Our Common Future was a landmark document, as it placed sustainable development firmly at the centre of the debate over the future of the planet—and it has stood the test of time. This chapter has two main parts. The first reflects on the main arguments embedded in Our Common Future, commenting on whether they are still relevant today and whether actions have matched expectations. The outcomes over the last 30 years have not all been positive, and we have made little or no progress towards sustainable development, even though there have been some positive signs. The second part takes a forward look to the next 30 years to see whether the same objectives are still relevant and to outline four issues that will define sustainable development going forwards. The agenda is even more formidable than it was in the past, but is it still achievable?
Edited by Moshe Givoni and David Banister
Moshe Givoni and David Banister
Robin Hickman and David Banister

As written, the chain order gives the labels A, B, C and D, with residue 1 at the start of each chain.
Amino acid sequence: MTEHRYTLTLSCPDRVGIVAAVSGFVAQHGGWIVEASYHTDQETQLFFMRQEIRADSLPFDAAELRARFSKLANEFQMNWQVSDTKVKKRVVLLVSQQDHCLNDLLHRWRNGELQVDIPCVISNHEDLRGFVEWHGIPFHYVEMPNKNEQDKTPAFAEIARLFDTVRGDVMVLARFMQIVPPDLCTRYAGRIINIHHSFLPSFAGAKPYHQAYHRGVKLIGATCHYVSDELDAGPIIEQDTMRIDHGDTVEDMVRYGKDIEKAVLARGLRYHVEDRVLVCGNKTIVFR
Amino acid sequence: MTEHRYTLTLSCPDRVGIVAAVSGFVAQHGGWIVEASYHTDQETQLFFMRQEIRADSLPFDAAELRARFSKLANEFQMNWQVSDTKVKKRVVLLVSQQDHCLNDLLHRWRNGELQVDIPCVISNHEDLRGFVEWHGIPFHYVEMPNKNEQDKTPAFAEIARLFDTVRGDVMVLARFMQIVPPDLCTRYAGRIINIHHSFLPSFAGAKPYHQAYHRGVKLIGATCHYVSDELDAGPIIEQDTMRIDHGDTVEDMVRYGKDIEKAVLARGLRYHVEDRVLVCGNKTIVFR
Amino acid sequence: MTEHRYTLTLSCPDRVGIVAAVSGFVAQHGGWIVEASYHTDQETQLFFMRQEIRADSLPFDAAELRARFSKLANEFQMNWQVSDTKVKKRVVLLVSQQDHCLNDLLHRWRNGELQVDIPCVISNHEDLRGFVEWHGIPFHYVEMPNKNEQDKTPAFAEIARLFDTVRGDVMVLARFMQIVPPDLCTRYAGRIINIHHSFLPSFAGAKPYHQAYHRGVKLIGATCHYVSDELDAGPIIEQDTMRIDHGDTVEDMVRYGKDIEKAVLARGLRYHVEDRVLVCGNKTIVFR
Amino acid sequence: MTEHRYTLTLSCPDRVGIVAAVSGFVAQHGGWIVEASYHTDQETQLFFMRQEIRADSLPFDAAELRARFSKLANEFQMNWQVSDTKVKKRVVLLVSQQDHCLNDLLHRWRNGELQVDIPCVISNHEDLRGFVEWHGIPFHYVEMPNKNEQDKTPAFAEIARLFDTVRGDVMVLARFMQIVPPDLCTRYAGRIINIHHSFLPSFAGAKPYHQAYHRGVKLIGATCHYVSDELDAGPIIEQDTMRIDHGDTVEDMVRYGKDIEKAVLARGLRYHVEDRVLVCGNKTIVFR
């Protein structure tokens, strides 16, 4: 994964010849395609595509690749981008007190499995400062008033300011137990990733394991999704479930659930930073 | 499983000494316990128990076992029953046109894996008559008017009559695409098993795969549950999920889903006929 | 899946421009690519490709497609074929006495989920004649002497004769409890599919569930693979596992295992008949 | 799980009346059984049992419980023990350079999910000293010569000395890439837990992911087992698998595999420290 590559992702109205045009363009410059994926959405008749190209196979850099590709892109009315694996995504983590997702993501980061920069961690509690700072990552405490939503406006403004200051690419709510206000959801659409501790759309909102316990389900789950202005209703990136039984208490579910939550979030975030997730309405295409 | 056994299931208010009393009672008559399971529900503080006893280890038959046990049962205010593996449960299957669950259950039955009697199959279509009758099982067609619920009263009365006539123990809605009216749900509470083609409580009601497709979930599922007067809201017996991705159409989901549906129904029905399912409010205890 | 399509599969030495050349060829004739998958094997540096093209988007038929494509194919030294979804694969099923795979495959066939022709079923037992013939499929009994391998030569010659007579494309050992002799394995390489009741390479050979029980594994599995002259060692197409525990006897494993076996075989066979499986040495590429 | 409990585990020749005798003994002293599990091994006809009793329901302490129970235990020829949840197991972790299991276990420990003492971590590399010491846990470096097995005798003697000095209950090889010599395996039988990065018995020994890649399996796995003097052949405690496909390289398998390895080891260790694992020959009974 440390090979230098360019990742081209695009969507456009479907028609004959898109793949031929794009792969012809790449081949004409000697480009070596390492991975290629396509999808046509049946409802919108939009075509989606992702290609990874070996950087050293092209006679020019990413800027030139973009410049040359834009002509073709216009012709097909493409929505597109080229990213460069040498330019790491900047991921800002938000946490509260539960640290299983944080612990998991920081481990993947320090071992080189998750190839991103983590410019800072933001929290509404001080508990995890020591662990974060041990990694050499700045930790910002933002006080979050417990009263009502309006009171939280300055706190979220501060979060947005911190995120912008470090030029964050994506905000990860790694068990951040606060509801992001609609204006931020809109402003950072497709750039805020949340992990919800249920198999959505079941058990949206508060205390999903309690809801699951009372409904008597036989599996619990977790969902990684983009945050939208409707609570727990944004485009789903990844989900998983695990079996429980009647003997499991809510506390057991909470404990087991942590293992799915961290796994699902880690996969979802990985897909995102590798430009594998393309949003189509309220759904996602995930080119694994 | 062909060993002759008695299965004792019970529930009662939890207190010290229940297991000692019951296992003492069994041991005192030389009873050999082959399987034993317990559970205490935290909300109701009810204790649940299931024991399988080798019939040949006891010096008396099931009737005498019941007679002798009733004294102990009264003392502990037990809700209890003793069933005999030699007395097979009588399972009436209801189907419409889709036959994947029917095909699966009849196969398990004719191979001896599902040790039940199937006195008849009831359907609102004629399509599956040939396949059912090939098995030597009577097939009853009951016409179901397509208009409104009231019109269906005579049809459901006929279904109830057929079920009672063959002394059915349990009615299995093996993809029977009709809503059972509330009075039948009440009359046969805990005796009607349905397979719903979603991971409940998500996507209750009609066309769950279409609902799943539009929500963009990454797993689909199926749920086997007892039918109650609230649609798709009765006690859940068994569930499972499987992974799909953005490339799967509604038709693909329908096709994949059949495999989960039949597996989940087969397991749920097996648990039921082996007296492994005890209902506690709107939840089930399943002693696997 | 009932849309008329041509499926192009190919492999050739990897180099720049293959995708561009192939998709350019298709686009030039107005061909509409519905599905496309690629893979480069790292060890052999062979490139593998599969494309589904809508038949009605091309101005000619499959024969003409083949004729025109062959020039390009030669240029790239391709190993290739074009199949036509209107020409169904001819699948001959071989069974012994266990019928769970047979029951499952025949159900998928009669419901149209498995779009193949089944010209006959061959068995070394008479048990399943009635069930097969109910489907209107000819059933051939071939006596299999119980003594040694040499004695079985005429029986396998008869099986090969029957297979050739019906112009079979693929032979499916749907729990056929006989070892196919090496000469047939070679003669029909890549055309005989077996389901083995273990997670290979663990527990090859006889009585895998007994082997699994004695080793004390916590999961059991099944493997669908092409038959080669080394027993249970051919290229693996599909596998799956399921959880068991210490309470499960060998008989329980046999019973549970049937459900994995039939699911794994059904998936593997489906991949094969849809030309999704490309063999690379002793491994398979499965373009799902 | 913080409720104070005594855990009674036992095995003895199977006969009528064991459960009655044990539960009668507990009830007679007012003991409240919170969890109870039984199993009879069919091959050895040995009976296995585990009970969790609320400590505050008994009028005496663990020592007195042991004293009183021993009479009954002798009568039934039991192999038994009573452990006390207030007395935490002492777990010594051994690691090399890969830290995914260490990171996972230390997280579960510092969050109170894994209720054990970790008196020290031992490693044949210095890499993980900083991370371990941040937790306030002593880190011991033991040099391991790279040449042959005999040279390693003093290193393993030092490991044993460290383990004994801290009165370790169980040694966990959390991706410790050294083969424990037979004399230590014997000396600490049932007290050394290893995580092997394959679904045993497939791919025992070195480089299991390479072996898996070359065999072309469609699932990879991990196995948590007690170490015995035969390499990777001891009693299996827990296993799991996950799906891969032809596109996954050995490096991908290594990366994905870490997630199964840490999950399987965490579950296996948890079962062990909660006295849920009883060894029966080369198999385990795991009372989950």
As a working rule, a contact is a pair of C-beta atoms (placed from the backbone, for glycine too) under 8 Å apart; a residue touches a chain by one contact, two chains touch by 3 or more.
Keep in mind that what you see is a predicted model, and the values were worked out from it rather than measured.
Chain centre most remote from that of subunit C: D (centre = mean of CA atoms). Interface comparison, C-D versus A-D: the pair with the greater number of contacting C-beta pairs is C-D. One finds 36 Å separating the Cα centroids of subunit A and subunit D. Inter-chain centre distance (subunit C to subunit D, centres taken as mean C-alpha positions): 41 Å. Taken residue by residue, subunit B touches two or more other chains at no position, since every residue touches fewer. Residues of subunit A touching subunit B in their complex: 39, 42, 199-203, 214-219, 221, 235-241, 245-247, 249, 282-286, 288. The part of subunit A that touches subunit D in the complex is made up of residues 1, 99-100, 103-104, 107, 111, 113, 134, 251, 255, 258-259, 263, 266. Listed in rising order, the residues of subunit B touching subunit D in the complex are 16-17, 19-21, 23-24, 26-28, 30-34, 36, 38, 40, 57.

This chapter examines the potential contribution of the transport sector to environmental sustainability. It has three parts: first, the scale of the challenge is outlined, including current levels of carbon dioxide (CO2) and other impacts. Second, we discuss the need for visions for sustainable transport, including scenario building, addressing environmental limits, and the sustainable mobility paradigm. We speculate how visioning and scenarios might become more central to decision-making. This would allow forward-looking strategies and programmes, focused on the achievement of long-term policy objectives, to be developed more effectively. A wide range of policy measures can be utilised in strategy development, including Avoid, Shift and Improve measures. Finally, we reflect on the implications of such a revised approach for research and practice, including resolving issues of constrained space, capacity and prioritisation between modes. Transport planning can be developed as a participatory and deliberative process, providing access to transport and activities for all.